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With a 1UZ swap, a 5-speed manual transmission, an adjustable pedal box and a hydraulic e-brake, this is the coolest drift car I’ve seen in a while. I need to feature this thing as it’s just too good, and it certainly sounded the part.

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The team responsible for the original 86 knows very well that they hit the bullseye all those years back. Hell, even the new interpretation of the car has been a success, hinting that Toyota can churn out some serious goodness when they put their mind to it.

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As I saw this AE111 pull in – the final 4A-G Trueno/Levin that solely exists to donate its 20-valve variant engine to AE86s – I wondered one thing: Will Toyota be able to replicate this success with the new Supra? They’re already half there with the previous generations of the car, but will the new one resonate with owners as the ZN6 (and all its variants) has done?

What do you think? And since we are at it, when the hell do we celebrate Supra Day?

Dino Dalle Carbonare
Instagram: speedhunters_dino
dino@speedhunters.com

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36 comments

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1

Honda Beat seems Suzuki Cappucino actually :)

2

I was thinking the same ...

3

New supra looks turrible

4

your spelling looks TERRIBLE and also wrong article to mess with

5
Anthony Johnson

Why so angry?

6

Kyle's statement was based on the way Charles Barkley pronounces the word "terrible" focusing on the phonetic spelling.

Author7
Dino Dalle Carbonare

lol

8

I don't think they can match the success of either the 86 or the supra. The new 86 would have to go down in the books as a functional family grocery getter that happened to introduce automotive enthusiasm to a large group of people in order to match the success of the original. The new one is a successful homage to what the 86 has become. Unless toyota can perhaps make some "last of a dying breed" bulletproof race car platform that will be used worldwide for years before EVs eventually rule, then I think Supra is just a badge.

Author9
Dino Dalle Carbonare

I don't know, I think people have been too quick to judge with the new Supra. I mean it's a relatively good looking coupe and has a driveline that should deliver the goods, surely that's enough? It should also be pretty tuneable and the aftermarket will welcome it wth open arms. Sounds like a pretty good recipe for success... if the price is right

10

So many internet fanbois with the opinion of "It's not a MkIV Supra so it won't be any good", probably the same people giving out prior to the release of the 86. I expect the new Supra to be very well received, just like the 86. I think we should be delighted that toyota will be mass producing two RWD sports cars that will become super affordable to enthusiasts in the near future. How any true car enthusiast can complain about that is beyond my comprehension.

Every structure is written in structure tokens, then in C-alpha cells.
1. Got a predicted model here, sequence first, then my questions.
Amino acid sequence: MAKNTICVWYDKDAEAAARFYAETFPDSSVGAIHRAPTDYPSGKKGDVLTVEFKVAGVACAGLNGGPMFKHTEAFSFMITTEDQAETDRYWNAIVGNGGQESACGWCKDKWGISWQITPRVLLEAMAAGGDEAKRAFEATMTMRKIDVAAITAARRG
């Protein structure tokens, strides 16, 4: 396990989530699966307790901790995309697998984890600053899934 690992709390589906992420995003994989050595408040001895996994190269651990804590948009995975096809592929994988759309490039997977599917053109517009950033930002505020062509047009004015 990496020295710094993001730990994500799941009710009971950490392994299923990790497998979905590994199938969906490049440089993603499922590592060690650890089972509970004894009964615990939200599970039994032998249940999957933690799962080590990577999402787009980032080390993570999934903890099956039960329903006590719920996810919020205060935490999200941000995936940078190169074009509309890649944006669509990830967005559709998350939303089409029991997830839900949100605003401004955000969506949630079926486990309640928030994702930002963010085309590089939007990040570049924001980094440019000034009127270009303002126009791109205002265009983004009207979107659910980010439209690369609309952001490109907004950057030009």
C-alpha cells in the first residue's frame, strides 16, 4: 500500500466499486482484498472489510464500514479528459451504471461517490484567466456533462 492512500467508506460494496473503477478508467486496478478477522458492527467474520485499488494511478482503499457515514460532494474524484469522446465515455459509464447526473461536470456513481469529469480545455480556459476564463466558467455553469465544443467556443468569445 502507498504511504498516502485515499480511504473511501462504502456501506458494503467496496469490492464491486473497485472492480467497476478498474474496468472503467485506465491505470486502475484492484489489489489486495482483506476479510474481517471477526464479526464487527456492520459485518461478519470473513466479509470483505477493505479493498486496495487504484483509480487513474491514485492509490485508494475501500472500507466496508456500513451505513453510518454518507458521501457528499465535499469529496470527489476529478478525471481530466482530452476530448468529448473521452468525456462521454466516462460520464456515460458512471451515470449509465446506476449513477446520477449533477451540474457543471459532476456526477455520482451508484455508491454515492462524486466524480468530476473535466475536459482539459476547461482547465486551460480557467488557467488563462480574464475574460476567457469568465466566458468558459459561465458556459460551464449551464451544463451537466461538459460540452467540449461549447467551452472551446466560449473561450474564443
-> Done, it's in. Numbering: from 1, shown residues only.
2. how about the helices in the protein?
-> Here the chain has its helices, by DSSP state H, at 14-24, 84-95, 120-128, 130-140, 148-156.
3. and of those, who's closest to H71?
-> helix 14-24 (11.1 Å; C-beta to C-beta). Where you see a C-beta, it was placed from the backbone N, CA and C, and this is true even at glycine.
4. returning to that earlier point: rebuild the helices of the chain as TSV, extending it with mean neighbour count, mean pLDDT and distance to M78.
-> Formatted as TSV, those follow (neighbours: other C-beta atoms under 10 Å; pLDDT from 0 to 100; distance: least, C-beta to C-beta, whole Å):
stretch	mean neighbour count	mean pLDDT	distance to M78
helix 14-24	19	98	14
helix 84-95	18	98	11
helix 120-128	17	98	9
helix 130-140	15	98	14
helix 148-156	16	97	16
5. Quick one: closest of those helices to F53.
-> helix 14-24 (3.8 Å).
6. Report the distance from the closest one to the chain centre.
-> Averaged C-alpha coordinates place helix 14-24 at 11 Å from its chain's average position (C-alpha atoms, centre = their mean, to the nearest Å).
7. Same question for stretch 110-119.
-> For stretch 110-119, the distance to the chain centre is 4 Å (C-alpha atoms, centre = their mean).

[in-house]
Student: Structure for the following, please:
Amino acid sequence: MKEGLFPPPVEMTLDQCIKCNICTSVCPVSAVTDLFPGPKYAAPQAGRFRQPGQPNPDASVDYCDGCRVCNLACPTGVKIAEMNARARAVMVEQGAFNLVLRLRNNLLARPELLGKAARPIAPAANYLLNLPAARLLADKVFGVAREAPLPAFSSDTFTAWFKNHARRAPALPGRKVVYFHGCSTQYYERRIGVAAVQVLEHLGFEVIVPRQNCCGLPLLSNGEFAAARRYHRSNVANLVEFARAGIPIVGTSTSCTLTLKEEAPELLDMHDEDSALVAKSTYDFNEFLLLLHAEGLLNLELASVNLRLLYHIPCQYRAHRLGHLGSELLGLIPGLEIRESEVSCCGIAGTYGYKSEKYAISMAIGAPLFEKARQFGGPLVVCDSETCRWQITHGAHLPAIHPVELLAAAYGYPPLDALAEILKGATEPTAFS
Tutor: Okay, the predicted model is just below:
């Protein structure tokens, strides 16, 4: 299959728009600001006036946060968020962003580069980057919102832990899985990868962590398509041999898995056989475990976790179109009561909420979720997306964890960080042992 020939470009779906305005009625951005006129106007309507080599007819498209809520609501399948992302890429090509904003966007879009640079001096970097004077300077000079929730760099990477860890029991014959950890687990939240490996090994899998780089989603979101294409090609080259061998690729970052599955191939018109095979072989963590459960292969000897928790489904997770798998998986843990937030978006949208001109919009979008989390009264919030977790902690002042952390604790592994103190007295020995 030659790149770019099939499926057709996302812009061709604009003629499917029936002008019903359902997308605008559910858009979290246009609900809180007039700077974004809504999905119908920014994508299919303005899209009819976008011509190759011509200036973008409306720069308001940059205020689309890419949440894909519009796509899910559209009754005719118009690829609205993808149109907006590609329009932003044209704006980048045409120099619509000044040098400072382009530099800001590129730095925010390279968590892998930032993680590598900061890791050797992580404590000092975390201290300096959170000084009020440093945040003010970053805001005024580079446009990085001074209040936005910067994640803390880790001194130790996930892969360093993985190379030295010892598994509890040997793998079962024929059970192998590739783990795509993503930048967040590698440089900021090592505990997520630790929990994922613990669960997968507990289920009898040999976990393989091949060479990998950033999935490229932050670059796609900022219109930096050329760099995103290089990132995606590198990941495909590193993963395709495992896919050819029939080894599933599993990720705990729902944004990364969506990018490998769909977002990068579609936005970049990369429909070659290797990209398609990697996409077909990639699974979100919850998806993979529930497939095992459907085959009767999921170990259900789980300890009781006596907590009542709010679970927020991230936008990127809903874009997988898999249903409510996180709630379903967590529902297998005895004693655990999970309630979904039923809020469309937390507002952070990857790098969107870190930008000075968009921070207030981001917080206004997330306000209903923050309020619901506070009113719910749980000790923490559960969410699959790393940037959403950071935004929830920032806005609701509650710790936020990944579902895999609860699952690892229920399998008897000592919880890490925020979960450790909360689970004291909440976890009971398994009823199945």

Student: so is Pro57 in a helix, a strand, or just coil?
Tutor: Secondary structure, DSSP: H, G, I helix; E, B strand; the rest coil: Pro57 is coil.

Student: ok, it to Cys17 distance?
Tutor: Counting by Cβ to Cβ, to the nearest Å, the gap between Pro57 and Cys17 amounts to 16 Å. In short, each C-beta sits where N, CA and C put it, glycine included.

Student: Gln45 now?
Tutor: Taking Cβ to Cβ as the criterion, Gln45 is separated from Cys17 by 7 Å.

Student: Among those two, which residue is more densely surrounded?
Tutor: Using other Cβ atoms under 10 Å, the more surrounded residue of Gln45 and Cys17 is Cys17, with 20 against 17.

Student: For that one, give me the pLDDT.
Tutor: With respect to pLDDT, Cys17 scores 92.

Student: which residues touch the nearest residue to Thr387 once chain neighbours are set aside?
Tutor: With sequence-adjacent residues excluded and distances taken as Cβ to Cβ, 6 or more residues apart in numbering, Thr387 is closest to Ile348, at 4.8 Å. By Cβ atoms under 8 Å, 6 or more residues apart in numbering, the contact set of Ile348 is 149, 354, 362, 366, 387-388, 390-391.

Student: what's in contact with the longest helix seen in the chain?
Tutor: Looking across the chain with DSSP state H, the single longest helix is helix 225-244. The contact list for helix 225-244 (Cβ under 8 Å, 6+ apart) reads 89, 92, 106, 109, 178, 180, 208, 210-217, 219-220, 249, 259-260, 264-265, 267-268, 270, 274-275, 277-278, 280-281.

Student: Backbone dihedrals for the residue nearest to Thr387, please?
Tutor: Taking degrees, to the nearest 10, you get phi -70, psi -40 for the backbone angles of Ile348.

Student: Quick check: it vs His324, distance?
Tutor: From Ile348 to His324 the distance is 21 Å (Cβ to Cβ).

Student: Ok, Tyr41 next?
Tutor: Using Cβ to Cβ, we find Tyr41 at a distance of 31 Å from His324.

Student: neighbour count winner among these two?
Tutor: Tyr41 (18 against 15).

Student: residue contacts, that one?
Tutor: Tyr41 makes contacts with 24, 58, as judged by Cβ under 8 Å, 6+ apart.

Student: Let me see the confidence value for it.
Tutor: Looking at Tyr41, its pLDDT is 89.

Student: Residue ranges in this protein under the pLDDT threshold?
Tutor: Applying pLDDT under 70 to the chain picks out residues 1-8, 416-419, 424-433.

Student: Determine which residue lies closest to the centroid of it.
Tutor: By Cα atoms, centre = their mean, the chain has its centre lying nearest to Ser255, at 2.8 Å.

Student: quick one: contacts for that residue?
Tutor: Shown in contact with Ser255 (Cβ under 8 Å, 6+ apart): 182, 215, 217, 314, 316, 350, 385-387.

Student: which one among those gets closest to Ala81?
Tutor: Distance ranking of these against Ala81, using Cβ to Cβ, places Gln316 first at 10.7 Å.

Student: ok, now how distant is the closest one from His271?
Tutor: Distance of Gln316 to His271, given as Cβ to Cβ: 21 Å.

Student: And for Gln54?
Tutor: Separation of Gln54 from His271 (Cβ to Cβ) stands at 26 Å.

Author11
Dino Dalle Carbonare

Well that's my opinion too. At least they are getting off their asses and making a new Supra. Other manufacturers should take notice

12

That's a Suzuki cappuccino

13

MORE BIG BODY DRIFT SEDANS !!!!

Author14
Dino Dalle Carbonare

We have similar tastes ... :D

15
Michael Rinaldi

I want that Cappuccino! I HATE that we don't get these small cars over here in the States. Perfect little city roller skate...

Author16
Dino Dalle Carbonare

Can't you import them now? All I see pop up on You Tube is Beats and AZ1s in the states and people getting their minds blown at how much fun they are

17

I don't know about a designated Supra's Day. But there is the SOC (Supra Owners Club) Japan which holds an annual meet I believe.
eg.
https://www.instagram.com/p/BaEMVXngmix/?utm_source=ig_share_sheet&igshid=1ugg5e2rjimob

Not sure if their official site for the next event is up to date, though:
http://supra.gr.jp/

Author18
Dino Dalle Carbonare

Yeah I missed it this year. One to think about for 2019!

19

Mmh.. Good question.. Hard to say at this moment.. Basically i think the enthusiast are happy to have a new Supra soon..
But as you said it, we live in a time where marketing people & regulations dictates design and characteristic of a car.
I think it will be like the new NSX. An outstanding new generation car, which has nothing in common with it's predecessor.

This makes me a bit sad because the old Supra, as the old NSX, made me really fall in love with the japanese cars. This kind of magic gets lost somehow with the new cars, don't you think?

Author20
Dino Dalle Carbonare

I don't know, NSX is too expensive and its gone turbo & hybrid/electric with no manual. The Supra remains 3L straight six with a turbo as well as FR with a manual. Plus rumors are pointing at a pretty affordable entry price. I'd say they've nailed the basics pretty well. NSX not so much, hence why it sells very poorly

21

Hey Dino, great article. Do you think we can get more info on that yellow 86?

24

You know, the two Itashas got my attention...
Good to see no police interference ruining the gathering.

Author25
Dino Dalle Carbonare

Yeah they were chill that night

26

Which car is this ?

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27

honda beat
ae92 trueno
mk3 supra

28

Is that really a Crown? I thought that was a Celsior (or LS400 in US markets) i mean it had a 1UZ and all, and it even looks like one at that angle.

29

I think you already posted this cappucin earlier. It was silver last year.

30

Not a hachi but an '88 ST165 Celica GT-Four of the same era is worth a little love... Especially if it's a competitive SCCA road racer!

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Author31
Dino Dalle Carbonare

Yes it is, maybe there's a meet for that car on the 16th of May? LOL

32

*Eurobeat Intensifies*

33

new Z4"supra" gonna fail

Author34
Dino Dalle Carbonare

We shall see

35

An AA63 GT 4AGE Carina was my first car I used to wish it was a 86.

36

I don't agree with all the criticism about the new supra too, What made the jza80 so great wasn't the fact that it was the perfect car, but all the aftermarket support and tuners, instead made it so appealing to the enthusiasts. My only concern is about the price, if it's not going to cost like a fighter jet is really likely to be a success in my opinion.